The report involved consultations and workshops throughout the state with representatives from all levels of sport and recreation, from coaches to administrators, to assess the current state of female representation in the sport sector, especially in leadership roles.
The overwhelming finding is that women are under-represented in leadership roles in a sports sector that is still predominantly male-centric and dominated. The report also highlights a growing movement of women and girls keen to showcase their talent and desire to contribute to the sport and active recreation sector, but the opportunities to participate and lead are either elusive or not readily evident.
The Inquiry into Women and Girls in Sport and Active Recreation outlined nine recommendations to increase leadership and participation by women and girls.
The Victorian Government has started working to implement all nine recommendations, with an additional $1 million allocated through the sport portfolio to assist with this work. Partnerships and collaboration with the sport and active recreation sector will be central to achieving change, recognising that the aspirations of the Inquiry will only be realised through joint effort.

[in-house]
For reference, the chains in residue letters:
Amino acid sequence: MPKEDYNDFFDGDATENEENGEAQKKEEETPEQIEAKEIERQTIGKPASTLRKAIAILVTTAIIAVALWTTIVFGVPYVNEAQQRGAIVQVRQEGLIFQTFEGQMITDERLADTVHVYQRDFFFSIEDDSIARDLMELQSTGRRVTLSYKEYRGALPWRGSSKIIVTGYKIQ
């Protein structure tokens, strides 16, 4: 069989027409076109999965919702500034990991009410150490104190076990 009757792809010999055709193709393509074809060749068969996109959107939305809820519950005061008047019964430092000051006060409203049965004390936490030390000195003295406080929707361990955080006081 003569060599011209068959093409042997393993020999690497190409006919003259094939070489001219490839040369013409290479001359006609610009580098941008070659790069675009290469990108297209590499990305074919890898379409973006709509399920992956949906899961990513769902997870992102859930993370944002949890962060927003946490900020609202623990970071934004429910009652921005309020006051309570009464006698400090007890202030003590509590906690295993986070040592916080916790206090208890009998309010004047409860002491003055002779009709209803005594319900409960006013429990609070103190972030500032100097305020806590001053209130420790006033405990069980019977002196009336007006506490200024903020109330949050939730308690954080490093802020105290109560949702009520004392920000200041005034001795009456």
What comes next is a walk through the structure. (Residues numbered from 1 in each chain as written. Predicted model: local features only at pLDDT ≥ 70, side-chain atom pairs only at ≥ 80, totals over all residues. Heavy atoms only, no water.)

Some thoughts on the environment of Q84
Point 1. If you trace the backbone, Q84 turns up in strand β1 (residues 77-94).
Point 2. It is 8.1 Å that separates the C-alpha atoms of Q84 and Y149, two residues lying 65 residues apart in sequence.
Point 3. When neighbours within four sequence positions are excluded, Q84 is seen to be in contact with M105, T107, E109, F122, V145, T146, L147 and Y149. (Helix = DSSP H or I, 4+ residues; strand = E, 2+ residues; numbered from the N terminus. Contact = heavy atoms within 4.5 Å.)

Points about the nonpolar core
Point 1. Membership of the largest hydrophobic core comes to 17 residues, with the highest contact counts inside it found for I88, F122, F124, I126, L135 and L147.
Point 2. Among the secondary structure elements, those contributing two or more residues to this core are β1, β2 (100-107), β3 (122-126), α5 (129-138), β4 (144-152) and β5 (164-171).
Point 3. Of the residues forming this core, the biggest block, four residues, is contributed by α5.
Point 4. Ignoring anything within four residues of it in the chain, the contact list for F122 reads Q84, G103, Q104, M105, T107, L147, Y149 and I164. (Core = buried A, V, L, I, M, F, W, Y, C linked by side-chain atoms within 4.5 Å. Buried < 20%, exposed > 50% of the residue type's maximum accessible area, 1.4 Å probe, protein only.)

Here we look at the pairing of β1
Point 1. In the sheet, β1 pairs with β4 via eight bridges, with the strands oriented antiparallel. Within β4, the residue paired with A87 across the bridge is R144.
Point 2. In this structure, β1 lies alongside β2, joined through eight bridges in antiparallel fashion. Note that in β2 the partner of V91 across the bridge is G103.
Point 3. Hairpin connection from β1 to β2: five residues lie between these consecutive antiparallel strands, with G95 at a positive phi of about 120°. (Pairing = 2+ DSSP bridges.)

Women and girls make up just over half of the Victorian population. We know through academic graduation rates and other measures that women have skills, knowledge and experience that are equal to men. Not tapping into that talent pool is inequitable and wasteful. This Inquiry set out a five year game plan to bridge the gap between the number of men and women in the sport and recreation sector.
The Inquiry into Women and Girls in Sport and Active Recreation was conducted by an independent advisory panel of nine prominent state sport sector representatives appointed by the Victorian Government, chaired by Richmond Football Club President Peggy O’Neal.
The Inquiry involved consultations and workshops throughout the state with representatives from all levels of sport and recreation to assess the current state of female representation in the sport sector – especially in leadership roles.
The overwhelming finding is that women are under-represented in leadership roles in the sport and active recreation sector.
To find out more about the recommendations of the advisory panel:
Head, Office for Women in Sport and Recreation - Dr Bridie O'Donnell